The comparison between the crumbled world order to a ruined sci-fi civilization is not entirely fanciful. At the end of the 20th century, some thought we had actually reached the End of History. Yet two decades later, as Robert Kagan wrote in his Washington Post article "Things Will Not Be Okay," the great global edifice was smashed beyond repair. Kagan lamented:
The democratic alliance that has been the bedrock of the American-led liberal world order is unraveling. At some point, and probably sooner than we expect, the global peace that that alliance and that order undergirded will unravel, too. Despite our human desire to hope for the best, things will not be okay. The world crisis is upon us.
Perhaps not since the Sea Peoples has there been such a mystery.
The world crisis is undoubtedly upon us, though perhaps not in the way Kagan thinks.
Yet so far the liberal world order has made no serious intellectual effort to understand the Wave, leaving the task to late-night comedians. They have preferred to depict it as the product of subhuman, bigoted minds whose feeble arguments can be contemptuously dismissed by symbolically floating rubber blimps over London; or by falling back on explanations such as Nazism, despite the fact we are in the wrong century, without a recent world war, in the middle of an economic boom and the beneficiaries of too many decades of politically correct instruction for that thesis to be easily accepted.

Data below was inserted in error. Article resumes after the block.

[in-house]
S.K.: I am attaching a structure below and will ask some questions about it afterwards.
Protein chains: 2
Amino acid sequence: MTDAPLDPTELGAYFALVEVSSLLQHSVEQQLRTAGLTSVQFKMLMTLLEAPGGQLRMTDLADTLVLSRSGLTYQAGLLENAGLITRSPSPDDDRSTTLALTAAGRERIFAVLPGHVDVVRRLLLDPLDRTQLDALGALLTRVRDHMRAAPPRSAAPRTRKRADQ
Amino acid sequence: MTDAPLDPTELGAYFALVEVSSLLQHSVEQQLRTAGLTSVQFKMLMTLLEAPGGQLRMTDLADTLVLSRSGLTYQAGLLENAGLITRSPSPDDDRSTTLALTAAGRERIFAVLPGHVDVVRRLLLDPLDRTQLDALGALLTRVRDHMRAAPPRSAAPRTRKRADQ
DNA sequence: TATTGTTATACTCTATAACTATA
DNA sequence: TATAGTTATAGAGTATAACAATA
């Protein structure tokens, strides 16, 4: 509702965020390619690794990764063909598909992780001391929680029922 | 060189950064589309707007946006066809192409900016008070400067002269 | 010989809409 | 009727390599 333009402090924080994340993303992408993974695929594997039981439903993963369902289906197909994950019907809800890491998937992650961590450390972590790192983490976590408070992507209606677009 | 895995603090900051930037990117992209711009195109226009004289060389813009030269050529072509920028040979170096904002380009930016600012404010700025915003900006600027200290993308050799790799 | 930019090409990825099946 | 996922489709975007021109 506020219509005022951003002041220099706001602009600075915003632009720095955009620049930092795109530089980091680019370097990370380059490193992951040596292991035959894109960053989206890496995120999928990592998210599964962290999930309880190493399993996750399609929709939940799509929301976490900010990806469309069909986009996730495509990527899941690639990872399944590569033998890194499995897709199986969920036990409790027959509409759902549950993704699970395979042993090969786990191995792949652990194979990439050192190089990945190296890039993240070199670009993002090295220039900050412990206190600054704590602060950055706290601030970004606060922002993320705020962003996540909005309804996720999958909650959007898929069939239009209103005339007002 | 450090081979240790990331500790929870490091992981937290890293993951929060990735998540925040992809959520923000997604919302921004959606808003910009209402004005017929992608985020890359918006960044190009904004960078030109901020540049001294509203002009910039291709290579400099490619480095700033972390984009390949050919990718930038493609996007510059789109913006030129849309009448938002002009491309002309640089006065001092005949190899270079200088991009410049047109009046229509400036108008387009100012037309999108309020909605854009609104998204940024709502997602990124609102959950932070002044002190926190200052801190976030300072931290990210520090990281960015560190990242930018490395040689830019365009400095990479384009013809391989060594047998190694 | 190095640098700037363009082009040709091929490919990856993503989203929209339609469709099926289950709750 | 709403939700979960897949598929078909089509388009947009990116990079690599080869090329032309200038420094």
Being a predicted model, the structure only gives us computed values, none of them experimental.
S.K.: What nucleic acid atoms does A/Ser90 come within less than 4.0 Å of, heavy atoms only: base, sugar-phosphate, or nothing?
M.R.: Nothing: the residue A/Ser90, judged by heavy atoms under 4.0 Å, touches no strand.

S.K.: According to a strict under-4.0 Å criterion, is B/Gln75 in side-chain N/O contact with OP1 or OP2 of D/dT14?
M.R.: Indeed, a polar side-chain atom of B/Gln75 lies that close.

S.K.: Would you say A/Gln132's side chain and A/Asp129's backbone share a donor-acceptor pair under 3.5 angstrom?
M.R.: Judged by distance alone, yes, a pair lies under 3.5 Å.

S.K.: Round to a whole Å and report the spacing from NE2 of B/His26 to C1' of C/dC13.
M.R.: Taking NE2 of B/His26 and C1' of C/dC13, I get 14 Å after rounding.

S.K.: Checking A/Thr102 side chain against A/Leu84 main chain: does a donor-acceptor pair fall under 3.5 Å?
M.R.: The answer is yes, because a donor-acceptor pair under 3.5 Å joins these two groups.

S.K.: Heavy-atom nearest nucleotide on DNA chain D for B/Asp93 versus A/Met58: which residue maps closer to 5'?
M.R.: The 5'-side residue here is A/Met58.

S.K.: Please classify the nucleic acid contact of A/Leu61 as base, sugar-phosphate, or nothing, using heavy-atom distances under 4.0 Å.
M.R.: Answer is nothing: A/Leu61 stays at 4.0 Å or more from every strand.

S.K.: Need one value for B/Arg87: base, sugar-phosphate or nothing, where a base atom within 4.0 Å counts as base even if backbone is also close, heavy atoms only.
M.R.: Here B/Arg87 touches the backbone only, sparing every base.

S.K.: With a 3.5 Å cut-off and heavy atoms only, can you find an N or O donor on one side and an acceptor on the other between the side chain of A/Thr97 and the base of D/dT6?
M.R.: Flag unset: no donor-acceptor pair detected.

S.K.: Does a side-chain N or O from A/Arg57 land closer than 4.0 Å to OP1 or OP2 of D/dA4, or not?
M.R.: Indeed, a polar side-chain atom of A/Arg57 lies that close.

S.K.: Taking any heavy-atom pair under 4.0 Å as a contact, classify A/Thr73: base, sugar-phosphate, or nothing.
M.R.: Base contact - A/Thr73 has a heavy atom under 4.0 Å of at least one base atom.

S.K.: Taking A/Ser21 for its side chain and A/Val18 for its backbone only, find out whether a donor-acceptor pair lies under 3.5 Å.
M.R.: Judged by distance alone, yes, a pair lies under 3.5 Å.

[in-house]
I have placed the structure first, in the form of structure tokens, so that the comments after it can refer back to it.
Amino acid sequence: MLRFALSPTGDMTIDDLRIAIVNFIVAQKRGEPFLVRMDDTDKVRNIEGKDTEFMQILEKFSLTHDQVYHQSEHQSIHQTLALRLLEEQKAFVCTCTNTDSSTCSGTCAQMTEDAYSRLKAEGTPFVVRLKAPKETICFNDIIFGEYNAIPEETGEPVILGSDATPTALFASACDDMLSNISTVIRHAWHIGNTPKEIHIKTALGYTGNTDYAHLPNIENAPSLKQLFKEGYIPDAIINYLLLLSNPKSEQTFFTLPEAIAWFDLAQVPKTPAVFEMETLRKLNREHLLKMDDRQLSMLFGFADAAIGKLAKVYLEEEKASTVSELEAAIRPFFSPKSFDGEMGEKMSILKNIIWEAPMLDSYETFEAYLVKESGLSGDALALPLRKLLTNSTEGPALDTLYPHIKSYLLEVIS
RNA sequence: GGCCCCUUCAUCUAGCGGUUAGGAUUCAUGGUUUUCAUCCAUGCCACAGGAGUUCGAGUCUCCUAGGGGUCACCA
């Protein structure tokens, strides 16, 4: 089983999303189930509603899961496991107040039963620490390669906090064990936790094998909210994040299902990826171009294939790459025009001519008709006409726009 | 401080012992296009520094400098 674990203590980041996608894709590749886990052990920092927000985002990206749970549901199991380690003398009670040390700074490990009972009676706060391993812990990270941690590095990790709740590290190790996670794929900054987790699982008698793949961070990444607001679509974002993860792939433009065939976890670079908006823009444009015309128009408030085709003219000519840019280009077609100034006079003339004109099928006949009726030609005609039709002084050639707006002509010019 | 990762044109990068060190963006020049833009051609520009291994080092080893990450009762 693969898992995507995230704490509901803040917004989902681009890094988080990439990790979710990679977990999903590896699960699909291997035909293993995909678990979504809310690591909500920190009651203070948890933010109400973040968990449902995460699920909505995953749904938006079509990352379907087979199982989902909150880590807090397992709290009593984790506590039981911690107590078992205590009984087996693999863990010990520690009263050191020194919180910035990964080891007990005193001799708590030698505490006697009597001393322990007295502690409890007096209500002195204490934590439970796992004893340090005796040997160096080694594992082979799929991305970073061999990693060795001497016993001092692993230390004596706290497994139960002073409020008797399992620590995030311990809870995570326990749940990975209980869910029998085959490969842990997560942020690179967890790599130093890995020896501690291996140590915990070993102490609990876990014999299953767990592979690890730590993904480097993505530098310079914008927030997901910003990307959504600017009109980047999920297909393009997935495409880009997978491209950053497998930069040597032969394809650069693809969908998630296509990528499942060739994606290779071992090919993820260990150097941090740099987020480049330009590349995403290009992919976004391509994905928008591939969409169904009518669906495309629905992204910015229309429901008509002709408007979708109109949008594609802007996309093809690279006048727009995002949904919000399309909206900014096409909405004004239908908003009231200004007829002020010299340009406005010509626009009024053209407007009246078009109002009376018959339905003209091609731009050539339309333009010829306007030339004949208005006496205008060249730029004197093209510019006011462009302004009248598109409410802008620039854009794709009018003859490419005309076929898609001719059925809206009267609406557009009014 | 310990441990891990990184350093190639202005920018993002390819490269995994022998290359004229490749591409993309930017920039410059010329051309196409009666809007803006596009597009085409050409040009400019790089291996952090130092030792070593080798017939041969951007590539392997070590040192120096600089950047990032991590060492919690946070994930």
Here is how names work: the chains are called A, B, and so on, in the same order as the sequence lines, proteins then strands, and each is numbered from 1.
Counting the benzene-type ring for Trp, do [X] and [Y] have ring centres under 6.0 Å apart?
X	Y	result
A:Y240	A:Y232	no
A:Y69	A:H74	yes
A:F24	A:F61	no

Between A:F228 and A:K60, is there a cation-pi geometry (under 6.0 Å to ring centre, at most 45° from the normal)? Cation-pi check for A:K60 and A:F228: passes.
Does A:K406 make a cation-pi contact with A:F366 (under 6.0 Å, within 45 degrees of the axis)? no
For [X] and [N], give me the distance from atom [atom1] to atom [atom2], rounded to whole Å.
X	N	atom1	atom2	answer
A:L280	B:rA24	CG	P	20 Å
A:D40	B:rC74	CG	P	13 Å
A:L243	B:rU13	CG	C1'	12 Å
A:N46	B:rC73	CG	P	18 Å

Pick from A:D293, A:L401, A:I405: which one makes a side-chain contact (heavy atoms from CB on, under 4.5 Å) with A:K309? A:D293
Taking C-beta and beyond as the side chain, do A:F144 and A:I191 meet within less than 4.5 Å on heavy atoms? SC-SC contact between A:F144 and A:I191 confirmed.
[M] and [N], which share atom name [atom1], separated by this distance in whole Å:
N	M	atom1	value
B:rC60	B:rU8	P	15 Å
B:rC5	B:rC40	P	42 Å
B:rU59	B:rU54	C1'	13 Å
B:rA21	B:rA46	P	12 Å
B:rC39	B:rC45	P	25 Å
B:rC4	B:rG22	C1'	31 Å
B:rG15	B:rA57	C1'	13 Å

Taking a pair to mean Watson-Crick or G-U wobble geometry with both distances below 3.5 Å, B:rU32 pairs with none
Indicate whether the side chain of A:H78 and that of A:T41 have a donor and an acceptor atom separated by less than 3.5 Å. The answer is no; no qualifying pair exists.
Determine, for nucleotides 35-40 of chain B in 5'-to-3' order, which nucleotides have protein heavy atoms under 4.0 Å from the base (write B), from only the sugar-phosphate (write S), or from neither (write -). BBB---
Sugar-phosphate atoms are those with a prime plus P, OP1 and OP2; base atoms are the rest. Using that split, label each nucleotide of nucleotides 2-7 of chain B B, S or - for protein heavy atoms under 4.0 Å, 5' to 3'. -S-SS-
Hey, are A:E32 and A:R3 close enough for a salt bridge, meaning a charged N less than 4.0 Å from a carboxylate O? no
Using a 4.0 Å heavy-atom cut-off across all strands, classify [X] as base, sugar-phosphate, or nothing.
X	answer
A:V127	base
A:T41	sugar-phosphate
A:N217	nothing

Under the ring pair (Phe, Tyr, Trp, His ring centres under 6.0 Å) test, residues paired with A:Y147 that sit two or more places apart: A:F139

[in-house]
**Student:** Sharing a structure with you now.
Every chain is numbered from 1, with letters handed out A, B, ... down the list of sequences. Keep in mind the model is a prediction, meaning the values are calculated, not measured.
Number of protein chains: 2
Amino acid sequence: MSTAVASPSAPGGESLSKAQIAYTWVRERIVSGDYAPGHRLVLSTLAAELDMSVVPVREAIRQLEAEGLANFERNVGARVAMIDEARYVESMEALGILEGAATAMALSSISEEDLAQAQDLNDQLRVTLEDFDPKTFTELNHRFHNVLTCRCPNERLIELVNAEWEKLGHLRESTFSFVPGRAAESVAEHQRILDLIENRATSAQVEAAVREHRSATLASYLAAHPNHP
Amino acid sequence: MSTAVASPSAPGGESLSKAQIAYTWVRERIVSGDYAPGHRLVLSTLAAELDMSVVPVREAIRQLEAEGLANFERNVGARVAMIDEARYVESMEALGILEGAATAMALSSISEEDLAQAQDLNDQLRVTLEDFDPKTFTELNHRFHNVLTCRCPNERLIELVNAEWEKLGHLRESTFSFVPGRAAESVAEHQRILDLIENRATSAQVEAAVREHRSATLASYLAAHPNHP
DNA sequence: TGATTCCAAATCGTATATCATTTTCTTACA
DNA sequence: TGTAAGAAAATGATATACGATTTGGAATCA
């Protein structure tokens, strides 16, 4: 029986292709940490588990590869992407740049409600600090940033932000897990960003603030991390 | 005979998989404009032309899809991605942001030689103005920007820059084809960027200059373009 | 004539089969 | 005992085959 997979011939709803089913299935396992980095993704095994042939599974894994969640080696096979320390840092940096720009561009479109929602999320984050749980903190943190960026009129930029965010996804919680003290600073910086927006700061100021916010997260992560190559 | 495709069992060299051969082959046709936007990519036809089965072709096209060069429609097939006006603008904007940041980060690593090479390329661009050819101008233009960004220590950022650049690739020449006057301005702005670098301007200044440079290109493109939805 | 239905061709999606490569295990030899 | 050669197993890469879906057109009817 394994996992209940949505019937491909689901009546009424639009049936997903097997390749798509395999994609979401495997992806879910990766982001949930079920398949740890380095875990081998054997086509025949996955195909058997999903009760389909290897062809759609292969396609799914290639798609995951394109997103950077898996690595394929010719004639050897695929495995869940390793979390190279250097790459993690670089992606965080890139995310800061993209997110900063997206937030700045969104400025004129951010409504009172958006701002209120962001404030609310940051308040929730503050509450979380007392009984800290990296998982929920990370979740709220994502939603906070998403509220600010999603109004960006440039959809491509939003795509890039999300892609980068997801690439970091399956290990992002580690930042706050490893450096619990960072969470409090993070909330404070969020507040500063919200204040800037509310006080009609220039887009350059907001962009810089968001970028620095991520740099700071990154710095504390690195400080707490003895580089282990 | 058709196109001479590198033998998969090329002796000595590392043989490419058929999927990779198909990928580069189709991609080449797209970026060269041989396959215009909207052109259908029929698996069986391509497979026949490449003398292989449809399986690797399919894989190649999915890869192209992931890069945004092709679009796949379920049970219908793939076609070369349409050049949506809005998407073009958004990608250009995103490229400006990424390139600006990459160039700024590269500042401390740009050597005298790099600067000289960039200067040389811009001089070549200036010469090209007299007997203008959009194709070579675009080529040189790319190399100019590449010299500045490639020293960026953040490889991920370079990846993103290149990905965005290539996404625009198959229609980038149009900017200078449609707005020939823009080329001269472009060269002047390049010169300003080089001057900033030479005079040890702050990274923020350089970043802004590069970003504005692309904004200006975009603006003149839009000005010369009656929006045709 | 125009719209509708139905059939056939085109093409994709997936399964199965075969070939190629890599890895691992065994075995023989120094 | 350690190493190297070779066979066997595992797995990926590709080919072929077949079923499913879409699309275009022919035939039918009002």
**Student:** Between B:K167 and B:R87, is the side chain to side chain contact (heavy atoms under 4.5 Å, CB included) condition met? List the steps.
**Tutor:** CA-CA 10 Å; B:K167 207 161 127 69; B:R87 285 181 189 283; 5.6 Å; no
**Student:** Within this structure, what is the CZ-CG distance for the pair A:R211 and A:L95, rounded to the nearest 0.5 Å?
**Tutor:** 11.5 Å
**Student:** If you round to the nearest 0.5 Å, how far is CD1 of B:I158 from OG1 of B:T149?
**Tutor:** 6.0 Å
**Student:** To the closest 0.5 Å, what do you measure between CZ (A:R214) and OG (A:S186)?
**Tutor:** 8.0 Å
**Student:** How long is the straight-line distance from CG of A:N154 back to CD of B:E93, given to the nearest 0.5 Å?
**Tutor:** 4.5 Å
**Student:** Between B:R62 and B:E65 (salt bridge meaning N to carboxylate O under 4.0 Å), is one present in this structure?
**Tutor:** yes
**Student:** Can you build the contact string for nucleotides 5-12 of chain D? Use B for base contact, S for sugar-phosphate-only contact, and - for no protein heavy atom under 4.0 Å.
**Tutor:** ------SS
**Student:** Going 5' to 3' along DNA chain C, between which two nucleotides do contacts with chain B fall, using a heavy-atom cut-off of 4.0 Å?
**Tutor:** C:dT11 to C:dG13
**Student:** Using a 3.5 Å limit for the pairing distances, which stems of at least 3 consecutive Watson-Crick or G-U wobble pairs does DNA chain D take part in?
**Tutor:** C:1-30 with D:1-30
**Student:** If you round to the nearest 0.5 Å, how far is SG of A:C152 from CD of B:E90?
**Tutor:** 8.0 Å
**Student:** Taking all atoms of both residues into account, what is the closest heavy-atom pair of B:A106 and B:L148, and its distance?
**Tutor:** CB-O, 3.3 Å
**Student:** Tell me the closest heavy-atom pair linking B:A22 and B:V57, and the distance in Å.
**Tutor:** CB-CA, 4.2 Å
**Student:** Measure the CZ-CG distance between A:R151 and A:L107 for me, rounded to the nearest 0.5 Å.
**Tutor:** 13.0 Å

Conservative authors like Salena Zito have written books trying to make sense of the subject, in contrast to the disdain with which many liberal intellectuals have treated it. Yet the Wave can be nothing so vaporous and haphazard as their contempt conveys, judging by the effects that it has wrought.
Suppose the Wave is not Nazism but something else we've never seen before. That is a prospect we ought to be prepared to entertain, even if the Euronews reporter cannot.
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The Second Machine Age: Work, Progress, and Prosperity in a Time of Brilliant Technologies, by Erik Brynjolfsson and Andrew McAfee. This book reveals the forces driving the reinvention of our lives and our economy. As the full impact of digital technologies is felt, we will realize immense bounty but also experience wrenching change. Professions of all kinds - from lawyers to truck drivers - will be forever upended. Companies will be forced to transform or die. Recent economic indicators reflect this shift: fewer people are working, and wages are falling even as productivity and profits soar. Drawing on years of research and up-to-the-minute trends, MIT's Brynjolfsson and McAfee identify the best strategies for survival and a new path to prosperity.